BTW, this is what alternativeto.net gives me for AxCrypt on Linux. But somehow they failed to mention GPA, Seahorse (can be integrated with Nautilus via seahorse-nautilus), and KGpg.

joden1 07-02-2020 01:18 PM

Quote:

Originally Posted by shruggy (Post 6140616)
It's a website only for your convenience. Many fellow LQ members wouldn't bother linking to online manpage versions. They'd rather suggest you go read man ccrypt, man mcrypt, man scrypt instead.

BTW, this is what alternativeto.net gives me for AxCrypt on Linux. But somehow they failed to mention GPA, Seahorse and KGpg.

Ahh ok cool, I get ya :) thanks for the further links - and nope, the alternate to I visited (I assume the same one) did NOT mention those :)

joden1 07-02-2020 02:07 PM

Man, this is all just too bloody hard! What is a very simple operation in Windows is a major PITA in Linux. Every time I try to do something in linux it takes hours to figure it all out, what the correct app is in a particular distro, then needing to research pros and cons, never really knowing if what you do is going to break the system or even if it will work at all! NONE of the available options works without needing a "thousand sweating clerks" to accomplish it!

I would have thought by now Linux would be far more advanced than where it was the last time I tried it, about 5 years ago! It's still all seems the same though. As much as I HATE windows, I don't think I have any other option than to go back!

Sorry for the rant, it's just it is all soooooooo frustrating and time consuming!

TB0ne 07-02-2020 02:13 PM

Quote:

Originally Posted by joden1 (Post 6140650)
Man, this is all just too bloody hard! What is a very simple operation in Windows is a major PITA in Linux. Every time I try to do something in linux it takes hours to figure it all out, what the correct app is in a particular distro, then needing to research pros and cons, never really knowing if what you do is going to break the system or even if it will work at all! NONE of the available options works without needing a "thousand sweating clerks" to accomplish it!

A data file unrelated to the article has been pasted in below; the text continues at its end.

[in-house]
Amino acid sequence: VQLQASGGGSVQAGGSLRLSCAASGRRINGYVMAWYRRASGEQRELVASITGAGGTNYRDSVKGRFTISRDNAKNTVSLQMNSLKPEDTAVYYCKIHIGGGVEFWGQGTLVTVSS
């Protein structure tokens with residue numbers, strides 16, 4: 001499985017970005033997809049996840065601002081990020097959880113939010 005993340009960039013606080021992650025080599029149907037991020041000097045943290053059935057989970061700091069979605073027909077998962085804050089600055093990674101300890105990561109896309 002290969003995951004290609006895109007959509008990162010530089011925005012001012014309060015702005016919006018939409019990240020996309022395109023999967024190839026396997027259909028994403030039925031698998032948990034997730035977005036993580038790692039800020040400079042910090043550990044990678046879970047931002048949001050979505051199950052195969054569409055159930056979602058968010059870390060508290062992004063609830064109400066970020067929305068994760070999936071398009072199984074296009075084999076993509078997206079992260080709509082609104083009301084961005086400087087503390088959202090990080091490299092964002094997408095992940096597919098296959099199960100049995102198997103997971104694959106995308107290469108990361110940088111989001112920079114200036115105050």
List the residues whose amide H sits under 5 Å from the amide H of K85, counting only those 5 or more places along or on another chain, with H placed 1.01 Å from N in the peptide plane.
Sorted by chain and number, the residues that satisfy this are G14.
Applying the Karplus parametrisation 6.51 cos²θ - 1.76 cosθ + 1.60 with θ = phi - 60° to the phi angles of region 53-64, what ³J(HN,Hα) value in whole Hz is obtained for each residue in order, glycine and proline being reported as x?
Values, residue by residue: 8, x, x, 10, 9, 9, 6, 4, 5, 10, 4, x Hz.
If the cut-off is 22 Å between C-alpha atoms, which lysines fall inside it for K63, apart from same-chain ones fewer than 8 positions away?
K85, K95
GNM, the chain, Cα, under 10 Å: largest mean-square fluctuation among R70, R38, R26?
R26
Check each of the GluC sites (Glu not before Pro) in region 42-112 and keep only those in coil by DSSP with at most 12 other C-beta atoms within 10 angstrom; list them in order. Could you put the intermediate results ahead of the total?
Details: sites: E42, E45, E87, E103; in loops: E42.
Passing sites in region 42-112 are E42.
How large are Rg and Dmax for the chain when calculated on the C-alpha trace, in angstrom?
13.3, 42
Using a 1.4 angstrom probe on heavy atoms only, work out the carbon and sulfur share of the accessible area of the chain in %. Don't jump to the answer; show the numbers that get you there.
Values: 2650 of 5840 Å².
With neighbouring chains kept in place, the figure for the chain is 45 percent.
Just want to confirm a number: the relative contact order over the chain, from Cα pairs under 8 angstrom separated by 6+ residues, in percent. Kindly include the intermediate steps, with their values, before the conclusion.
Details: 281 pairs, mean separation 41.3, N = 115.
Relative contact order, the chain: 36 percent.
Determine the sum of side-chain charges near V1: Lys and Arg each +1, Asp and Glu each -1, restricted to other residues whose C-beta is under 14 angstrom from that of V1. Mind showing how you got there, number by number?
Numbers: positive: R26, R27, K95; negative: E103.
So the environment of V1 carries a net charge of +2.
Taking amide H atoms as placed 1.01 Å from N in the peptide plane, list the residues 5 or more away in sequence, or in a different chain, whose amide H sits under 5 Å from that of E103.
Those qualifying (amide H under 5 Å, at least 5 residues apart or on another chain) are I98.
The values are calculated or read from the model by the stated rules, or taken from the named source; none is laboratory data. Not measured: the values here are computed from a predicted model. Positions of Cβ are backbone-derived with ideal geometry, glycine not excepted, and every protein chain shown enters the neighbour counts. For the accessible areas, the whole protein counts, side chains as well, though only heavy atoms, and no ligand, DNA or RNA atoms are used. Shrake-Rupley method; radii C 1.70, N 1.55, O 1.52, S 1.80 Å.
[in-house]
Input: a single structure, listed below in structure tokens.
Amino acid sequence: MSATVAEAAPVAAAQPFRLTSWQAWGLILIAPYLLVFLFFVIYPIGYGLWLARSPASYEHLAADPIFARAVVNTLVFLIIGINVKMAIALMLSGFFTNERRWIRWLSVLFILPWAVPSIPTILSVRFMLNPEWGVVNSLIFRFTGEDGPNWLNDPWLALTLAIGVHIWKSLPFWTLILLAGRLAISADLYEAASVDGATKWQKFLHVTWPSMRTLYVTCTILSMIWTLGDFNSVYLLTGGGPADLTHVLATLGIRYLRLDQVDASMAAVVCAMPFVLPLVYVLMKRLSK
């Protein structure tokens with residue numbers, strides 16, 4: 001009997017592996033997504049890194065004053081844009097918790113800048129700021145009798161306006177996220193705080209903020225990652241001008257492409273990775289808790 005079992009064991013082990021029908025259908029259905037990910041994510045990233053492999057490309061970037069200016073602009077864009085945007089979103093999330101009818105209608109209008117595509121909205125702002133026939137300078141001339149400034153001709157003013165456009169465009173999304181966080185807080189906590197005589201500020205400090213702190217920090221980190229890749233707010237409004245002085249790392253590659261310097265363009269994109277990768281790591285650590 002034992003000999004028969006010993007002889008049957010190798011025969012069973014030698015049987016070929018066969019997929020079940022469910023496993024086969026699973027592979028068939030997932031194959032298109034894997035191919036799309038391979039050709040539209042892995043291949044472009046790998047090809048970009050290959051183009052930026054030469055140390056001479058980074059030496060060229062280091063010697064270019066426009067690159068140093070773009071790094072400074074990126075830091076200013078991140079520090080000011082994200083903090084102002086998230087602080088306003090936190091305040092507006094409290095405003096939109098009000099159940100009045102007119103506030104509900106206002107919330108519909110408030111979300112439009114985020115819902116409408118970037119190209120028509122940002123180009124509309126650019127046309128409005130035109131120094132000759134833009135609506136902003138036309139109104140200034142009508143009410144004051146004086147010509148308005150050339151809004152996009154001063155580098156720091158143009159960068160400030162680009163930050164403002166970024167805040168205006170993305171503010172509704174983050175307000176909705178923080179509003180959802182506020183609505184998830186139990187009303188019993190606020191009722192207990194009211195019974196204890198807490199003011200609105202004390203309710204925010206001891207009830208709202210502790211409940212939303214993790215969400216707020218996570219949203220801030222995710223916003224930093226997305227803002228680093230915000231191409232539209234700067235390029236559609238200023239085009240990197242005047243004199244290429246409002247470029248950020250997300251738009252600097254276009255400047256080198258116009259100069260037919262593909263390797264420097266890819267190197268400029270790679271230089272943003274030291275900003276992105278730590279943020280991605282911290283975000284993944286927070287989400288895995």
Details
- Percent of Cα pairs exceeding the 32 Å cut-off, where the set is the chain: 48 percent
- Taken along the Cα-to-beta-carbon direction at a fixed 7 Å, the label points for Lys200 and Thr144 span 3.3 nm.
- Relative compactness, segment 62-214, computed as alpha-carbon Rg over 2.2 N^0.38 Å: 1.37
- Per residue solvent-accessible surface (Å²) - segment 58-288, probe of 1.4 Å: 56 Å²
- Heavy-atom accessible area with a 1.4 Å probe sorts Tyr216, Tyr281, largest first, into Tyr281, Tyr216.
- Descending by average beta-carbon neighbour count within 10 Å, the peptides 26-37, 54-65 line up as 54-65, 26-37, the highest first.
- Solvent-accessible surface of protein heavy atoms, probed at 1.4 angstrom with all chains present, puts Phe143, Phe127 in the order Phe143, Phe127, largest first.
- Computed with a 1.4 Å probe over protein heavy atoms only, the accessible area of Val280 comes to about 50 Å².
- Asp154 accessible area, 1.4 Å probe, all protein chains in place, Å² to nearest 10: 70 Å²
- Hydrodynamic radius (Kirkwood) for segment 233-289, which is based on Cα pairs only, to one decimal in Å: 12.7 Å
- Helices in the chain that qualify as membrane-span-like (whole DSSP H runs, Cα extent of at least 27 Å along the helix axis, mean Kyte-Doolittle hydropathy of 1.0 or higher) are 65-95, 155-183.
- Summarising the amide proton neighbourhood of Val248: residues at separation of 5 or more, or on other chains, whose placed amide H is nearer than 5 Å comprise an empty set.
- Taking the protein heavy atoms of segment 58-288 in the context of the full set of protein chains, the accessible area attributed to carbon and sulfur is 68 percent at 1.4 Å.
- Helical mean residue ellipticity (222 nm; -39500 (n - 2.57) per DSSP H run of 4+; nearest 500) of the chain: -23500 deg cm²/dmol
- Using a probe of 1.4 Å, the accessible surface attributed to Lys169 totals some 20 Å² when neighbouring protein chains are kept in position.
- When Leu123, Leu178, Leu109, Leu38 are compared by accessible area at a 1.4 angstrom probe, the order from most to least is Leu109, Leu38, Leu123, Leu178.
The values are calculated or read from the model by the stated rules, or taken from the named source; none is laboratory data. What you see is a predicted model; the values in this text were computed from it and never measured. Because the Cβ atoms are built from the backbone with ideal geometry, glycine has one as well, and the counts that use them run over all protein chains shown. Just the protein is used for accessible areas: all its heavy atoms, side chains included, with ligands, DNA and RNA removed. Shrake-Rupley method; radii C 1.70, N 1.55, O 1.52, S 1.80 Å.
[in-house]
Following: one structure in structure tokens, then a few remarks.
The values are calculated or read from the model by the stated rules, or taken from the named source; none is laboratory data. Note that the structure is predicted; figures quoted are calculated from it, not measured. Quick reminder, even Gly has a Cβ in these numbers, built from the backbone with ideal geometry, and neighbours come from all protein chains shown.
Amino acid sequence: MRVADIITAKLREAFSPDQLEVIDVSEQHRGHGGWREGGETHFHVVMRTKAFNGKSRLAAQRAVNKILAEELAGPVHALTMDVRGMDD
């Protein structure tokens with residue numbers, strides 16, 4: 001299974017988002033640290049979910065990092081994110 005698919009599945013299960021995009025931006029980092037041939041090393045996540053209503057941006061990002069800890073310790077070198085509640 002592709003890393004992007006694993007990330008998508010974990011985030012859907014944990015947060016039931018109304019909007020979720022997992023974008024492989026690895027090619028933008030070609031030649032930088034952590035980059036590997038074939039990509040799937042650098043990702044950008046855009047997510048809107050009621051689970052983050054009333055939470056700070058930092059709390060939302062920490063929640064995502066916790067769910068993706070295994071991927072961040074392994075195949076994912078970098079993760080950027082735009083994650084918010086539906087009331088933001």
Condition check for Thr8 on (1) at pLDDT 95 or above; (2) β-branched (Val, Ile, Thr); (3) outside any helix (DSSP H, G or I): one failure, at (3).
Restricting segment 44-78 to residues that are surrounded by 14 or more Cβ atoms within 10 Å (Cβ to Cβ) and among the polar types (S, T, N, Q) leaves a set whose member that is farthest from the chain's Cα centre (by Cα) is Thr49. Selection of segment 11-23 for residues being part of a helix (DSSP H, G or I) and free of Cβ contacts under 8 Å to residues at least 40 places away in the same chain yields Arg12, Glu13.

I would have thought by now Linux would be far more advanced than where it was the last time I tried it, about 5 years ago! It's still all seems the same though. As much as I HATE windows, I don't think I have any other option than to go back!

Sorry for the rant, it's just it is all soooooooo frustrating and time consuming!

Really?? Didn't think typing in "gpg -e <some file name>" to encrypt a file was too hard. As said earlier, using kleopatra gives you a GUI to PGP encryption, as in just clicking the "Sign/Encrypt" button, and choosing a file. Not sure how either of those things is so hard or a 'major PITA'. Just because you don't know what you're doing in Linux doesn't mean its hard..it just means you don't know. I'd have zero idea how to do it in Windows. You were given some very simple options, so again..not sure why you have to 'research pros and cons', or what you're going on about with the 'thousand sweating clerks'. Every piece of software mentioned is available for install through your software manager.

And all of us here know better...Windows isn't 'easy', you still have software that won't work on some versions of Windows, still have to figure out what the correct app is, etc., etc., and you're FAR more likely to break Windows than Linux.